I needed to solder the components to the button pad PCBs to test further. I read a few soldering guides before beginning. This one is pretty good.
Many of the guides stress the importance of beginning with the components that would be hard to reach if others were already soldered in place. In general this means working from the middle of the pcb outwards. As I progressed, I clipped the legs off each component after it's solder had hardened, to keep things transparent.
Here's the first diode slotted in place.
View of the underside.
The first solder, it could be prettier.
Before I attached each LED to the board, I tested that it worked by slotting it into one of the other boards that I had hooked some wires to from my breadboard (don't forget to include a suitable resistor before the LED to prevent it from burning out).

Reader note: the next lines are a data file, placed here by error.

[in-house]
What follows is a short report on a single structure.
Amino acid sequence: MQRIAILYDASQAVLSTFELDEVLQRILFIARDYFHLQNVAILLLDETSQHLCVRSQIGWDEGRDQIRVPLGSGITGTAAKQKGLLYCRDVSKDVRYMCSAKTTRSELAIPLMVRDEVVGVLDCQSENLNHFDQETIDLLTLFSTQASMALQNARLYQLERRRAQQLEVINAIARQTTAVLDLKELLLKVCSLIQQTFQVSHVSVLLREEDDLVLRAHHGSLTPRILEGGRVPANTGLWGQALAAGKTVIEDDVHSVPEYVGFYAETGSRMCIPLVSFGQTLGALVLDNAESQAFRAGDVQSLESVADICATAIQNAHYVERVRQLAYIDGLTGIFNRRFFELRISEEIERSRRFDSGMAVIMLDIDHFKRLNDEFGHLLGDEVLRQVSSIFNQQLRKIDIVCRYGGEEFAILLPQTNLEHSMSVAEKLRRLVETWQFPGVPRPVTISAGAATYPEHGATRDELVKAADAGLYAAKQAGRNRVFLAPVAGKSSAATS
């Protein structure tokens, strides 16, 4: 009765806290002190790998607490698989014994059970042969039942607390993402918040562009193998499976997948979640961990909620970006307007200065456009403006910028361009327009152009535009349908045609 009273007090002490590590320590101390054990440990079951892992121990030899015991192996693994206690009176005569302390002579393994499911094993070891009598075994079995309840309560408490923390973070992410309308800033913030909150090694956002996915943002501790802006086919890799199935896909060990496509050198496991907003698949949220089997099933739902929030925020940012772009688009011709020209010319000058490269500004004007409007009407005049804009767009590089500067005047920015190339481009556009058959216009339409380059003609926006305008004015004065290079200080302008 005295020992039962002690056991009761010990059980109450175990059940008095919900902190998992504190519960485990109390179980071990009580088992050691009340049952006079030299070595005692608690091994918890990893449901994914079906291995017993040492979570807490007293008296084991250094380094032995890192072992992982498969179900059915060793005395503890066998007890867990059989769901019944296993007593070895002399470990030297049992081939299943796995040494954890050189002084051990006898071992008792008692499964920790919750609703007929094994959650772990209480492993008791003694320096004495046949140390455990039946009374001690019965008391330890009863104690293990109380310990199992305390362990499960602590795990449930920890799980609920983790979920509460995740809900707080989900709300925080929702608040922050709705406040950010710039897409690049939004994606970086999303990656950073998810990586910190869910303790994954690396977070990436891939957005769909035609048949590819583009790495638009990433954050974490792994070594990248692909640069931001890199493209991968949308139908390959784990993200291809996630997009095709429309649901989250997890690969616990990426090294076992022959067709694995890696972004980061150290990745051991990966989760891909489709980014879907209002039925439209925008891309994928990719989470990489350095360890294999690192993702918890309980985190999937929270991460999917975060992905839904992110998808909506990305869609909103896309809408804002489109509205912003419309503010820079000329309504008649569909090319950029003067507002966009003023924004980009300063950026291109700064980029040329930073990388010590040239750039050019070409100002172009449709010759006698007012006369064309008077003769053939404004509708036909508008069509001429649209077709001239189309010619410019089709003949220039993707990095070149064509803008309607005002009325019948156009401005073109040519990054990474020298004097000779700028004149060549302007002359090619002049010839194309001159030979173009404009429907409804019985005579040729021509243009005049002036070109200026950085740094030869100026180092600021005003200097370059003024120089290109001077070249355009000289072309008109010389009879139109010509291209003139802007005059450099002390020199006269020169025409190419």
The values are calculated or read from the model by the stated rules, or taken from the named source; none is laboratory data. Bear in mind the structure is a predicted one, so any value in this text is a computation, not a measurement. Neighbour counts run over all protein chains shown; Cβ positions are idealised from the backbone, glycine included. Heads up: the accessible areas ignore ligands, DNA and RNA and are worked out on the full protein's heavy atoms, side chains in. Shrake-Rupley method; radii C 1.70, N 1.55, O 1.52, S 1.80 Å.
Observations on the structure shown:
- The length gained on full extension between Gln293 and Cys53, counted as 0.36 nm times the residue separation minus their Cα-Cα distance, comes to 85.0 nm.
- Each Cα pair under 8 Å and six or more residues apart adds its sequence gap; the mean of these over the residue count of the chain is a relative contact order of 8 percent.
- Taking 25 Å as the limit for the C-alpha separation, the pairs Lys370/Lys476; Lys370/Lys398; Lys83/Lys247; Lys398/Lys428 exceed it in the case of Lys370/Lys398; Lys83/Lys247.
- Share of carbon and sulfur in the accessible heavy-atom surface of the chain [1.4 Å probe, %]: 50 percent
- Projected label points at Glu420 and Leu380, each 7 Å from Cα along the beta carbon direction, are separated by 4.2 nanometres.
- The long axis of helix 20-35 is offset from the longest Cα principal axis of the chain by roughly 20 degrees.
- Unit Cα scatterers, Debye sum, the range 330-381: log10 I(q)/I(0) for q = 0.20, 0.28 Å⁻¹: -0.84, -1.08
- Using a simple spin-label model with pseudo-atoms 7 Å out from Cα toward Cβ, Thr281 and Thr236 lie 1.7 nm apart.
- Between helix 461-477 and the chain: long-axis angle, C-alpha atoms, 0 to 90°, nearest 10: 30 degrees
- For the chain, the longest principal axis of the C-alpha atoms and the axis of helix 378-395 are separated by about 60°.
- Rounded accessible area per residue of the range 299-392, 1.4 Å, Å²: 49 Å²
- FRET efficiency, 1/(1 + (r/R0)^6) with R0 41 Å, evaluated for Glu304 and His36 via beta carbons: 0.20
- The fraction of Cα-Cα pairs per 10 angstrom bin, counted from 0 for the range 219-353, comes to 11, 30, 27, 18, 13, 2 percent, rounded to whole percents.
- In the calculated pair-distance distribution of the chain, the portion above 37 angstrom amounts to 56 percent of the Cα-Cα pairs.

Here's a view of the underside of the PCB I used to test the LEDs. It seemed to make sense to connect the anode (+ side, longer leg) of the LEDs to the BLUE via, because this places them neatly in the middle of the button area without the need to bend their little legs. While testing the LEDs I noticed that there seemed to be distinct colours of yellow in the batch that I ordered. Some LEDs shone a warm, orangy yellow and anothers a more lemony colour. I'm hoping the difference won't be pronounced enough to be disturbing, or that perhaps when the LEDs are being driven by the MAX driver, their colour will be consistent.
I soldered LEDs and diodes alternately, turning the PCB around as necessary while it was gripped by the pincers of the 'helping hand'. Here's the middle section almost done.
The finished thing.
Once it was done I used some wires from the LED testing circuit on the breadboard to touch the joints of the LEDs again to verify that they still worked. One of them didn't, I probably damaged it by applying the soldering iron for too long. Once the iron is fully heated it seems that about 2 seconds of contact with the joint before applying the solder was enough to get a good result.
I removed the dead LED using solder wick to remove the solder while pulling the plastic dome gently with pliers. I ordered 70 LEDs, so I can afford 6 of them to be wasted.